Magic & Musings:
That's so, so lovely to hear.
This is a question I like to ask purely because of the variety of answers I get! I’m really interested in how people work and get things done. Do you have a particular place you work or find yourself the most productive? Are there a particular set of things that need to be in place for things to get done, like a milky cup of tea or a particular album of music you listen to?

Emma Orland:
I definitely find myself being productive in the weirdest places and at the weirdest times. I most frequently find my best ideas while sitting at a desk in school, desperately trying to pass the time, and really just going through my thoughts and experiences to find ways to express them creatively. I definitely look within lyrics and books for a word or a phrase that will spark an idea for a shoot or a video.

Magic & Musings:
I can relate to that a lot. I once got a whole idea for a short story by looking at an album cover!
What do you do if you find yourself stuck in a rut creatively?

Emma Orland:
When I’m stuck in a rut creatively I always revert to this video. because it will always get ideas flowing and somehow is able to make me feel so good and all around inspired.

Magic & Musings:
What are some things you like to do in your spare time when you’re not working?

Emma Orland:
Even when I’m not working, I definitely am subconsciously working. I am always looking at situations thinking 'How could I make this into something more? Something beautiful, or intricate, or something just out of the blue'. Even something as simple as going to the store gets me thinking 'This would be a great location for a shoot.' Though I very much enjoy listening to music and watching TV/movies when I can, I can’t even say photography feels like work, so I tend to drift towards that in my free time.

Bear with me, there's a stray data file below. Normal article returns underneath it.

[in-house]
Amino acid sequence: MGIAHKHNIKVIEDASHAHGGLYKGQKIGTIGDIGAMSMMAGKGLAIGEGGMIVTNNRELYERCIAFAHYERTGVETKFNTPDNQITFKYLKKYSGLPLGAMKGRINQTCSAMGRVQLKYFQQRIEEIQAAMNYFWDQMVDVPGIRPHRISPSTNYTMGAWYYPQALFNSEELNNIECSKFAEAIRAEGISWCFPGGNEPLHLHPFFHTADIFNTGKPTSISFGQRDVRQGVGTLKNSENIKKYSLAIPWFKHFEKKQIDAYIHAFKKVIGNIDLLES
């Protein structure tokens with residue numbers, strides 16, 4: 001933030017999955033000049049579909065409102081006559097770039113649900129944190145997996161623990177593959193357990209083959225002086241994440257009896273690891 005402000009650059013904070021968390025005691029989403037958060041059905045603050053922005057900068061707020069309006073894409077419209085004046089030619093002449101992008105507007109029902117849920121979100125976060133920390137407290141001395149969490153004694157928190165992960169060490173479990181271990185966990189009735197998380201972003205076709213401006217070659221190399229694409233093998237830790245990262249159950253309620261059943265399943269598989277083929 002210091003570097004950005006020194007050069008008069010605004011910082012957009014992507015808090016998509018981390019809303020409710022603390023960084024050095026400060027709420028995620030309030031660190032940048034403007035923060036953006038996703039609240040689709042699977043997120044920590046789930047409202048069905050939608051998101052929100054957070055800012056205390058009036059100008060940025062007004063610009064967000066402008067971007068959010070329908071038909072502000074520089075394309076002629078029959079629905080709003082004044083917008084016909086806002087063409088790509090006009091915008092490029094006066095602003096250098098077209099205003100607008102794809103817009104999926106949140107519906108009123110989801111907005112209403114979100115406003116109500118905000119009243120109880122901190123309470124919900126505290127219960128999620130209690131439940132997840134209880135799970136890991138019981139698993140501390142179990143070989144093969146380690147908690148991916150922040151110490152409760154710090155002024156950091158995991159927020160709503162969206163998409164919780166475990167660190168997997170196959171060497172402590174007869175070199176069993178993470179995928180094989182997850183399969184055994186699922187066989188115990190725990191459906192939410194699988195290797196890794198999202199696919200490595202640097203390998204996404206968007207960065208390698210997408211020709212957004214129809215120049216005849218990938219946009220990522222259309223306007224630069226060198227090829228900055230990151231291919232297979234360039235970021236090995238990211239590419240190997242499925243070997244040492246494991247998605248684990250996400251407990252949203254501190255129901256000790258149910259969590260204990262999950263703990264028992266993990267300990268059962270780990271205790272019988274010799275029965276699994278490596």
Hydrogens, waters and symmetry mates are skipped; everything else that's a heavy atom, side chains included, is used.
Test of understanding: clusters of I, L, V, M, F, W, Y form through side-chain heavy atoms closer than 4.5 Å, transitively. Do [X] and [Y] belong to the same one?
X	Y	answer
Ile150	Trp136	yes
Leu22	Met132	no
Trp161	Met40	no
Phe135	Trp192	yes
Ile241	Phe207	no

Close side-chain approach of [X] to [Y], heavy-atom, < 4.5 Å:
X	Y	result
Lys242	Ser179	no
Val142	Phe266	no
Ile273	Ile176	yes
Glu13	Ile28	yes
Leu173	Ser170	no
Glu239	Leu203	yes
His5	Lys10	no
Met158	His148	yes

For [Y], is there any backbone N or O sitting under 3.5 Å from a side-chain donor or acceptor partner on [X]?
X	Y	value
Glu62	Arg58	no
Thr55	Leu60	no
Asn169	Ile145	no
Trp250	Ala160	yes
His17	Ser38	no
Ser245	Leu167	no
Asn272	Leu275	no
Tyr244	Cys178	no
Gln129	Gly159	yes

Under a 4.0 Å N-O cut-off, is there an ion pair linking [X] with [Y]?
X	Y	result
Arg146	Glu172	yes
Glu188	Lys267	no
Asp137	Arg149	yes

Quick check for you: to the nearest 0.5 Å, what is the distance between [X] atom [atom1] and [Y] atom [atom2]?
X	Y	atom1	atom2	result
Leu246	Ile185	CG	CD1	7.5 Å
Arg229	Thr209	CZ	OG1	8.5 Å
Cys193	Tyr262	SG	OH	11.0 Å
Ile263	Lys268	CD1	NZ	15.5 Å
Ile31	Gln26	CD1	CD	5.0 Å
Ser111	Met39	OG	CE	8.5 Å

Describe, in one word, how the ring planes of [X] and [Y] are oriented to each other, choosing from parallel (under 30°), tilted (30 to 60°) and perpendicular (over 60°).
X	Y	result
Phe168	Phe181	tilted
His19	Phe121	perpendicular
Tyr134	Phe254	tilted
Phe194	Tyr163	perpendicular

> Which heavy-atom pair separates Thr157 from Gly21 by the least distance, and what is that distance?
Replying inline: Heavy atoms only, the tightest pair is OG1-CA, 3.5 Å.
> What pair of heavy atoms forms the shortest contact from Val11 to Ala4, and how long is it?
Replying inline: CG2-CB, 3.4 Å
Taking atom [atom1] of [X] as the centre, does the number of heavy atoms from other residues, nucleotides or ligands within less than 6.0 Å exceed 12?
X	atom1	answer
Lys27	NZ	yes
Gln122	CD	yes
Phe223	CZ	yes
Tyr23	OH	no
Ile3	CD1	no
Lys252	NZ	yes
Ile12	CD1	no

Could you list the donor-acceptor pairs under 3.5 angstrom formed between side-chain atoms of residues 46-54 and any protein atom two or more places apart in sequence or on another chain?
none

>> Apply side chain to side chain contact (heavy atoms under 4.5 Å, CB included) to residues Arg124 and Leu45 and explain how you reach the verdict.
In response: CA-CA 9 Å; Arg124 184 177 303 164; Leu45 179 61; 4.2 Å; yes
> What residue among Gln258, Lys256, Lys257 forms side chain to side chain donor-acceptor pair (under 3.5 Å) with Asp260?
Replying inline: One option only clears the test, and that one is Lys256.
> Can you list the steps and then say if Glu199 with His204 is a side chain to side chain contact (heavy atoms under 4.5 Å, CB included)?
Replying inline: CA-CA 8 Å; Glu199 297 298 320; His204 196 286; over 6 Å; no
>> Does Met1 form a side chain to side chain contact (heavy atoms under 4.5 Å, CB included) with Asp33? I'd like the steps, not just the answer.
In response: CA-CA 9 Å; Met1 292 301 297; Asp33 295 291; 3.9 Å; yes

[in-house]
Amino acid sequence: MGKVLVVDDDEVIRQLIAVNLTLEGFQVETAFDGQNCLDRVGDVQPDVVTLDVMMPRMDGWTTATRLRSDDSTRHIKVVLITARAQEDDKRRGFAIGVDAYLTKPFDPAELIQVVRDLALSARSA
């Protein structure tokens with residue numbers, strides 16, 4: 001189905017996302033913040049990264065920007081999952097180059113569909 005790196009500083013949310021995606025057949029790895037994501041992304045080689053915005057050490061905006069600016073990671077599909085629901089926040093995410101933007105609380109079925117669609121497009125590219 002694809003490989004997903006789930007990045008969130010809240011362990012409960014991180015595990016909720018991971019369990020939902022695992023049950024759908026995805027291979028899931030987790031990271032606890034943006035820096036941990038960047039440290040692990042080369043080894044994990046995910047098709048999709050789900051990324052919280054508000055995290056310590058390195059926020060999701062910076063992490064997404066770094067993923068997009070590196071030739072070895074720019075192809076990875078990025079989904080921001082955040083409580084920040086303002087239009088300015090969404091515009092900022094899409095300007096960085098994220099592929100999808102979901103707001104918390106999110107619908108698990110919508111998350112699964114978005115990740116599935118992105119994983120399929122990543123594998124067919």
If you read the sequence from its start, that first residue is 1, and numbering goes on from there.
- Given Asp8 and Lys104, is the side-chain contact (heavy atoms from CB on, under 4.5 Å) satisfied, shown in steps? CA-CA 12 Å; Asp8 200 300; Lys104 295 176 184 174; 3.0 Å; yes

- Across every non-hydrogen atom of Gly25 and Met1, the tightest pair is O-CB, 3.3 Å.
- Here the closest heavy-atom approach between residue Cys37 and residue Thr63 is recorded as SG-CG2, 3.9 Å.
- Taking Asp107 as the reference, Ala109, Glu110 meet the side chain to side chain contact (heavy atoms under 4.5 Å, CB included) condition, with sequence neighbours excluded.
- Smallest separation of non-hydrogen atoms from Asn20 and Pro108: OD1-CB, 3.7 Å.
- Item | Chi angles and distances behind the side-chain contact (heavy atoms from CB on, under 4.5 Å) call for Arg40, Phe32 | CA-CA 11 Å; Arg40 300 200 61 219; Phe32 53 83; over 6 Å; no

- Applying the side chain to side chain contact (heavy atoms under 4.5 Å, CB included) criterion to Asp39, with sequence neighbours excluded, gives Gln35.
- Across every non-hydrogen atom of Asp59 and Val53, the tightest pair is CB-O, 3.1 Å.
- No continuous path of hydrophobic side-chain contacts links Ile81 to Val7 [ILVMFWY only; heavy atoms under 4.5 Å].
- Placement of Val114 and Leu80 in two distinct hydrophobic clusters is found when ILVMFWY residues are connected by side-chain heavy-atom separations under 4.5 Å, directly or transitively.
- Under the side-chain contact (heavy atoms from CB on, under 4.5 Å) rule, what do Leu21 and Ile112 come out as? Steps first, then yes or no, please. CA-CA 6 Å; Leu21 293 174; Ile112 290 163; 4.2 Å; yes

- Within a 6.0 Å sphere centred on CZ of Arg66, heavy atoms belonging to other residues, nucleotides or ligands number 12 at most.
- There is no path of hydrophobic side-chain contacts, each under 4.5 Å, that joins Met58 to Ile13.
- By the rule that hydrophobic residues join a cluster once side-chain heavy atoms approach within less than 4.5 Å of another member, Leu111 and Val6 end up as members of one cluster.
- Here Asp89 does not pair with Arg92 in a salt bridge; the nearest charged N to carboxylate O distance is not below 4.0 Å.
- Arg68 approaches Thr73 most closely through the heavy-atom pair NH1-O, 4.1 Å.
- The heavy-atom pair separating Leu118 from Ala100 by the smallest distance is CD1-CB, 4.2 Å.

Magic & Musings:
What tools do you use to keep yourself organised?

Emma Orland:
I wouldn’t say I have any tools to remain organized, though I have recently begun making “moodboards” of a sort where I will, in a sense, draft a shoot, or an idea I have and reference it when I plan on acting on the idea. Additionally, whenever an idea comes to mind, I will always go straight to the notes in my phone and will write it down, and when I want to shoot but have no ideas, I will go back to them and grow the ideas further.

Magic & Musings:
Have you ever explored working in a medium other than photography? Is this something you would consider in the future?

Emma Orland:
I currently would consider myself an aspiring artist in two forms: photography and film. I would love to branch out and expand my knowledge and skills in another medium, I just don’t know what that would be.

Magic & Musings:
What one thing do you wish someone told you when you were first starting out as a photographer?

Emma Orland:
I wish someone had told me that it was okay to not like your photos, even if everyone else does. You are your own worst critic and very few, if any, people are zooming into the individual pixels of your photos examining them for flaws. By putting something out there, people are already impressed because we all know how scary making yourself and your art vulnerable is.

Magic & Musings:
Onto a fun question! Can you recommend everyone reading a book you've enjoyed recently, as well as a film and an album or song?

Emma Orland:
I just recently reread The Bell Jar for the first time in a while and I was reminded just how much I love it. As for movies, one of my favorite films, that I have seen too many times, is definitely Heathers because it just has some of the most iconic lines in the dialog and is such a distinct storyline that is generally incredible.


Magic & Musings:
Is there anything else you would like to say before we finish? How can people find out more about you and your work? What’s on the horizon for you in the next few months?

Emma Orland:
I am currently working on co-curating an art show with my friend Caro called “Sonder” which will be taking place in Brooklyn in early September - for information on this, check our website: sonderexhibition.com. Secondly, I am currently in communication with adolescent.net and will hopefully be working with them in the near future as well! Further than this I have yet to know what the future holds for me, and yet I am extremely excited for what it might be. My work can be found at emmaorland.com and I can be found at @emma.orland on Instagram.